Furthermore, the Biden Administration announced that U.S. households may order eight more free at-home tests via COVIDTests.gov -- bringing the total number of free tests available to each household since the start of the program to 16. 


  • On May 18, Vice President Harris delivered the commencement address at the U.S. Coast Guard Academy, discussing the state of the world and how cadets’ role and influence in the Coast Guard will help protect the security of the U.S. and others (see also video).
  • In a Twitter thread, White House Senior Advisor to the President Gene Sperling asserts that there is “clear evidence school districts dramatically sped up emergency spending due to [ARP] to safely open schools & have serious plans in place to address learning loss & student mental health.”
  • In a responsive letter, the Department outlines its authority to approve liquidation extension requests for properly obligated funds upon review of written requests made by SEAs.
  • Secretary Cardona celebrates by video the 68th year of the Brown v. Board of Education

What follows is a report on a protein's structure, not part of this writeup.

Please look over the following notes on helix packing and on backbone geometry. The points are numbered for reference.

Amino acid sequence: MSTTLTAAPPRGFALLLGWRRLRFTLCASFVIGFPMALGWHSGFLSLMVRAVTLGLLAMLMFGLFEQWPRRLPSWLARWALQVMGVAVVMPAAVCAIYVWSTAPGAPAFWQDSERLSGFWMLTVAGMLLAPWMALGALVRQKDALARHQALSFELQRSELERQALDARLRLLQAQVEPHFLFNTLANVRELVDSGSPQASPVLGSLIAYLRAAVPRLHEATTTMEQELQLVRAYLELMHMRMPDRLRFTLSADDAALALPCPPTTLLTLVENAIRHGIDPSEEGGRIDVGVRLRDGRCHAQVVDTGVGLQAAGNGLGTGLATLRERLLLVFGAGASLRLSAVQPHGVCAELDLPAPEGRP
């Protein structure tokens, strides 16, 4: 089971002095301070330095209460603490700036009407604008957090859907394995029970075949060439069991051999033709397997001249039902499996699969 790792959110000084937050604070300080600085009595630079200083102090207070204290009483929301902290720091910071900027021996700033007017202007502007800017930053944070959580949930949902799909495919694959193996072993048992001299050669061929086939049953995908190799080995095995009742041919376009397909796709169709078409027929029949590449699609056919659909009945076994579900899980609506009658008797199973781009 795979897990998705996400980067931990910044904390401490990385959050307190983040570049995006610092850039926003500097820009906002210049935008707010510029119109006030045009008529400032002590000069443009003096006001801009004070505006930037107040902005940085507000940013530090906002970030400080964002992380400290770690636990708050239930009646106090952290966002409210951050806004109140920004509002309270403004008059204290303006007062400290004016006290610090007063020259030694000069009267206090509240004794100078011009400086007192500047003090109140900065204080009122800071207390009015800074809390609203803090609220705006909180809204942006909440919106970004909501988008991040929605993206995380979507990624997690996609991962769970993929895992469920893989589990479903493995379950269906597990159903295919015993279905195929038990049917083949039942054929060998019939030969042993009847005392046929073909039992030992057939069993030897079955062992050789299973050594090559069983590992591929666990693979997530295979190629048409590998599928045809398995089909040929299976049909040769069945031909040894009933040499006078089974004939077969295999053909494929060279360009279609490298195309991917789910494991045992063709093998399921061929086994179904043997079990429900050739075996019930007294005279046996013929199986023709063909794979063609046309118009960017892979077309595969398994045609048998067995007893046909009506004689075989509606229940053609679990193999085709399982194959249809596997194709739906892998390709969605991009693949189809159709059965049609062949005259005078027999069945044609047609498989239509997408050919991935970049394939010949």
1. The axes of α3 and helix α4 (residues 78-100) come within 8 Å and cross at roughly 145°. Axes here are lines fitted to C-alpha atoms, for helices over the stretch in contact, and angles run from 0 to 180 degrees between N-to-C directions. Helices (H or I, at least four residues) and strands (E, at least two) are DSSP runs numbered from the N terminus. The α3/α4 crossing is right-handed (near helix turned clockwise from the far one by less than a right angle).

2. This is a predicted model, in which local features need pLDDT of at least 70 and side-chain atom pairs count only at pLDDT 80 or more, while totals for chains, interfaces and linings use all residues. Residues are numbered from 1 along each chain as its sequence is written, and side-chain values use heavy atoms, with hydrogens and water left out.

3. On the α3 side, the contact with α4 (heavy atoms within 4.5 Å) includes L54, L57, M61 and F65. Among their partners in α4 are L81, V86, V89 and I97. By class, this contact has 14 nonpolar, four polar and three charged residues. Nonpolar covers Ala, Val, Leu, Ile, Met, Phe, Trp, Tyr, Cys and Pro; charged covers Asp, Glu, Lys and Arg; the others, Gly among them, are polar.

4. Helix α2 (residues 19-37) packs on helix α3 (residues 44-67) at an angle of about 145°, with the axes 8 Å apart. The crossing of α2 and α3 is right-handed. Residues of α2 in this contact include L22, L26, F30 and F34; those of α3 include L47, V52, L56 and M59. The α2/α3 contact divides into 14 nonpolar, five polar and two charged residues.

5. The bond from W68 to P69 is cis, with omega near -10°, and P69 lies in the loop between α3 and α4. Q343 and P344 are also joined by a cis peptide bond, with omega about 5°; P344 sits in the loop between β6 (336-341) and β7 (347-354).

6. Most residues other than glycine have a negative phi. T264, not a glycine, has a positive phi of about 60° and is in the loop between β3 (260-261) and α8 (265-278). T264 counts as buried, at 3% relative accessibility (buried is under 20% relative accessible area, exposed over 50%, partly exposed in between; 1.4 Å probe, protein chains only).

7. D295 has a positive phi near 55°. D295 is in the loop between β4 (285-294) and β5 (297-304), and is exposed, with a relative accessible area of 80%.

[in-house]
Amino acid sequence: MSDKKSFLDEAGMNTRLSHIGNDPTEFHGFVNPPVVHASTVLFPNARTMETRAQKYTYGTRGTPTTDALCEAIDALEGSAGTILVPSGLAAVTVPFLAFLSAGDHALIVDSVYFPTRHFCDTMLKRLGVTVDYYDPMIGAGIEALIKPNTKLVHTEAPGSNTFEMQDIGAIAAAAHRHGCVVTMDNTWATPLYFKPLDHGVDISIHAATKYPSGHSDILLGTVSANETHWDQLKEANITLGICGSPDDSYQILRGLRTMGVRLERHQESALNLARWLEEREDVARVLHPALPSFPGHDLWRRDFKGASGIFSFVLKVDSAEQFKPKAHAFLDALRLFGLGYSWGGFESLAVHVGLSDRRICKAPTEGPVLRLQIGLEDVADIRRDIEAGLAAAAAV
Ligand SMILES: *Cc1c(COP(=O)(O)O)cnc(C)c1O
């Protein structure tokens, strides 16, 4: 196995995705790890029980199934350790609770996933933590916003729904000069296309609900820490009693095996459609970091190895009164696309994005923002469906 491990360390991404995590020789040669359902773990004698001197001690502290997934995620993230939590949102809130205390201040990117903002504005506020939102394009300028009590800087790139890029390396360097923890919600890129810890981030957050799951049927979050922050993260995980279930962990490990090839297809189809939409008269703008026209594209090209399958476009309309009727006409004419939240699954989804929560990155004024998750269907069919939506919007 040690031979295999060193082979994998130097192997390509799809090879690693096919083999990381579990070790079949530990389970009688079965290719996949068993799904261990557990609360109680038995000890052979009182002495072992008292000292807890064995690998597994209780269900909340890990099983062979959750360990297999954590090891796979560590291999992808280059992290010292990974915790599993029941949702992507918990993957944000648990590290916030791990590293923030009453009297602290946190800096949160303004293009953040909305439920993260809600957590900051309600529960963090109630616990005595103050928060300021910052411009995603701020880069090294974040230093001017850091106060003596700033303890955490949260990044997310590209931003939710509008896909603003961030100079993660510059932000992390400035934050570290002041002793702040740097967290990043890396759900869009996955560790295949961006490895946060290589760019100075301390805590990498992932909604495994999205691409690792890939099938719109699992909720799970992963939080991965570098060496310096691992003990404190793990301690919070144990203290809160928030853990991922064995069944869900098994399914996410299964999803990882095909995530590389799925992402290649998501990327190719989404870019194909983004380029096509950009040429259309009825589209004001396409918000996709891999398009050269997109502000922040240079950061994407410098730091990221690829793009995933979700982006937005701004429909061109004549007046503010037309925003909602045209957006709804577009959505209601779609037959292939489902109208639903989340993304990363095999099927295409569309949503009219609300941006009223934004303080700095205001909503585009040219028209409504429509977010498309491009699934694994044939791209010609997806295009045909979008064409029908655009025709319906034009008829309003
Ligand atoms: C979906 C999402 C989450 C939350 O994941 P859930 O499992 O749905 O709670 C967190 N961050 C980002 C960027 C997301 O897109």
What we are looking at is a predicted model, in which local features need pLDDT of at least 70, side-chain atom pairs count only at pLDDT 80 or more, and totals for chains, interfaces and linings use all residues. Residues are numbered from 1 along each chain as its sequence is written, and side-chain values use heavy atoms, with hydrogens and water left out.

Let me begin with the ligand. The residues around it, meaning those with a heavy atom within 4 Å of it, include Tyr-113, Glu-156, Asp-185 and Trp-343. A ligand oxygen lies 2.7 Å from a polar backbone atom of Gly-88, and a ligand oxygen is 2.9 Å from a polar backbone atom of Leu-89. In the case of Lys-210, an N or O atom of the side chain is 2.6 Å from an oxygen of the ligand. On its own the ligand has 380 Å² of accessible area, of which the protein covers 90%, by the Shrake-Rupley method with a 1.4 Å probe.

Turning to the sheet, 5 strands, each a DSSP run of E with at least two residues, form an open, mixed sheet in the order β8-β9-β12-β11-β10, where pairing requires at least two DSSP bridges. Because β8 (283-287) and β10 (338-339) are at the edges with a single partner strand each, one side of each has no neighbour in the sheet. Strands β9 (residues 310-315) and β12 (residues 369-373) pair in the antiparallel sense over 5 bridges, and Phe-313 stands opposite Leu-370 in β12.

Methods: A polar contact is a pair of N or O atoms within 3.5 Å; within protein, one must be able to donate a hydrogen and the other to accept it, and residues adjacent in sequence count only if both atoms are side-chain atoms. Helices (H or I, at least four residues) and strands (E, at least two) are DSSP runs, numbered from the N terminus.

• The latest “Lessons from the Field” webinars focused on promoting staff wellness in the wake of COVID-19 and meeting the mental health needs of survivors of human trafficking.
  • The Department is currently accepting nominations of K-12 teachers for the Presidential Cybersecurity Education Award.
  • With the pandemic still impacting higher education, the Department will continue its strict focus on identity and fraud and waive the remaining Free Application for Federal Student Aid (FAFSA®) verification requirements for the remainder of the 2022-23 award year.
  • Also, in a Homeroom blog, FSA COO Cordray outlines the next generation of federal student loan servicing.